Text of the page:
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Abstract: SA-OR087

Association between GFR Slope and Subsequent ESKD and the Impact of Adjustment for Measurement Error: Meta-Analysis of Observational Studies

Session Information

Category: CKD (Non-Dialysis)

  • 1902 CKD (Non-Dialysis): Clinical, Outcomes, and Trials


  • Grams, Morgan, CKD Prognosis Consortium (CKD-PC), Baltimore, Maryland, United States

Group or Team Name

  • CKD Prognosis Consortium

A recent NKF-FDA-EMA Workshop evaluated candidate surrogate endpoints for clinical trials to slow kidney disease progression, particularly among participants with relatively preserved baseline glomerular filtration rate (GFR). Here, we investigate difference in GFR slope as a candidate surrogate endpoint using observational studies assembled by the CKD-PC.


We evaluated the strength of association between GFR slope and the clinical endpoint of end-stage kidney disease (ESKD), including the impact of error in slope measurement and the length of the observation period in which slope is observed, using random-effects meta-analysis of 14 cohorts including 3,373,368 participants followed for a mean of 4.4 years.


In covariate-adjusted analyses, a reduction in eGFR decline of 0.75 ml/min/1.73 m2/year was protective for ESKD in participants with baseline GFR ≥60 ml/min/1.73 m2 (adjusted hazard ratio using 1-year slope, 0.93, 95% CI: 0.92-0.94). Associations were stronger among participants with GFR <60 ml/min/1.73 m2 (0.88, 95% CI: 0.86-0.91), when slopes were observed over longer observation periods (2-year slope, 0.80, 95% CI: 0.78-0.82; 3-year slope, 0.71, 95% CI: 0.69-0.74), and when adjusted for measurement error (1-year slope 0.80, 95% CI 0.77-0.83; 2-year slope, 0.71, 95% CI: 0.69-0.74; 3-year slope, 0.64, 95% CI: 0.60-0.67). Compared to a control group with baseline GFR of 60 ml/min/1.73 m2 and an expected 2-year GFR decline of 3 ml/min/1.73 m2/year, an intervention that slows GFR decline by 0.75 ml/min/1.73 m2/year would be expected to result in an absolute 10-year risk reduction of ESKD of 1.3% (0.9% to 3.6% risk reduction for a baseline eGFR of 75 to 45 ml/min/1.73 m2, respectively).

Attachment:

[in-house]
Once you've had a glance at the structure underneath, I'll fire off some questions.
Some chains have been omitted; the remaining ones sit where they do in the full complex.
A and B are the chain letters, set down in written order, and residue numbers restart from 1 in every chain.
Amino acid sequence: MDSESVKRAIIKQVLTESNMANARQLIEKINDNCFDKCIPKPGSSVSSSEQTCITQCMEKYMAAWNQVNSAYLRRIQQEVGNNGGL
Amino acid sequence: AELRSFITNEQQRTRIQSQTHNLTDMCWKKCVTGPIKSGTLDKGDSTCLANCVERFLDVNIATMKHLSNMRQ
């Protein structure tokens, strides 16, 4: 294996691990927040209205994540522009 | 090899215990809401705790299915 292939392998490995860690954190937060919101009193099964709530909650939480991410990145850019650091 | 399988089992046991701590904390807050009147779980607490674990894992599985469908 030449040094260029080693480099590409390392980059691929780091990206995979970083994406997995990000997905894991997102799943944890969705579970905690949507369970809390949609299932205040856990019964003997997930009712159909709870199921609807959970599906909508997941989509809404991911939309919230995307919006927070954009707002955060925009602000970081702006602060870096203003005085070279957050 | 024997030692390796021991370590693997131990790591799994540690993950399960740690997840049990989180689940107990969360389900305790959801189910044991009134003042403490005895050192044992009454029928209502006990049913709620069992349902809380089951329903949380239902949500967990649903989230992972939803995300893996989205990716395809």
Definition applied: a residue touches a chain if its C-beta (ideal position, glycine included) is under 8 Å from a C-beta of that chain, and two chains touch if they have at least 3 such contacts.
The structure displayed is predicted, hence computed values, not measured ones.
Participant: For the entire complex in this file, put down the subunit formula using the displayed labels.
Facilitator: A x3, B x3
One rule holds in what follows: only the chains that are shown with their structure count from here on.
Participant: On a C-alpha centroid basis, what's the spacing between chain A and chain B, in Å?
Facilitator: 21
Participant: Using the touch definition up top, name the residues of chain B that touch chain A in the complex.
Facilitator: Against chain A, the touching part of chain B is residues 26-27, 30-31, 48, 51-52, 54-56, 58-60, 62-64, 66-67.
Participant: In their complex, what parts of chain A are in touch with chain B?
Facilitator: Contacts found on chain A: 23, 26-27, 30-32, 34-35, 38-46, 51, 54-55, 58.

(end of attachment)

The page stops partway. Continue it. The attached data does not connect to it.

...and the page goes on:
Slope of GFR is associated with subsequent ESKD, with stronger associations after adjustment for measurement error as well as when observed over longer periods. These results, combined with analyses of clinical trials and simulation studies, may support the use of GFR slope as a surrogate endpoint in clinical trials.


  • NIDDK Support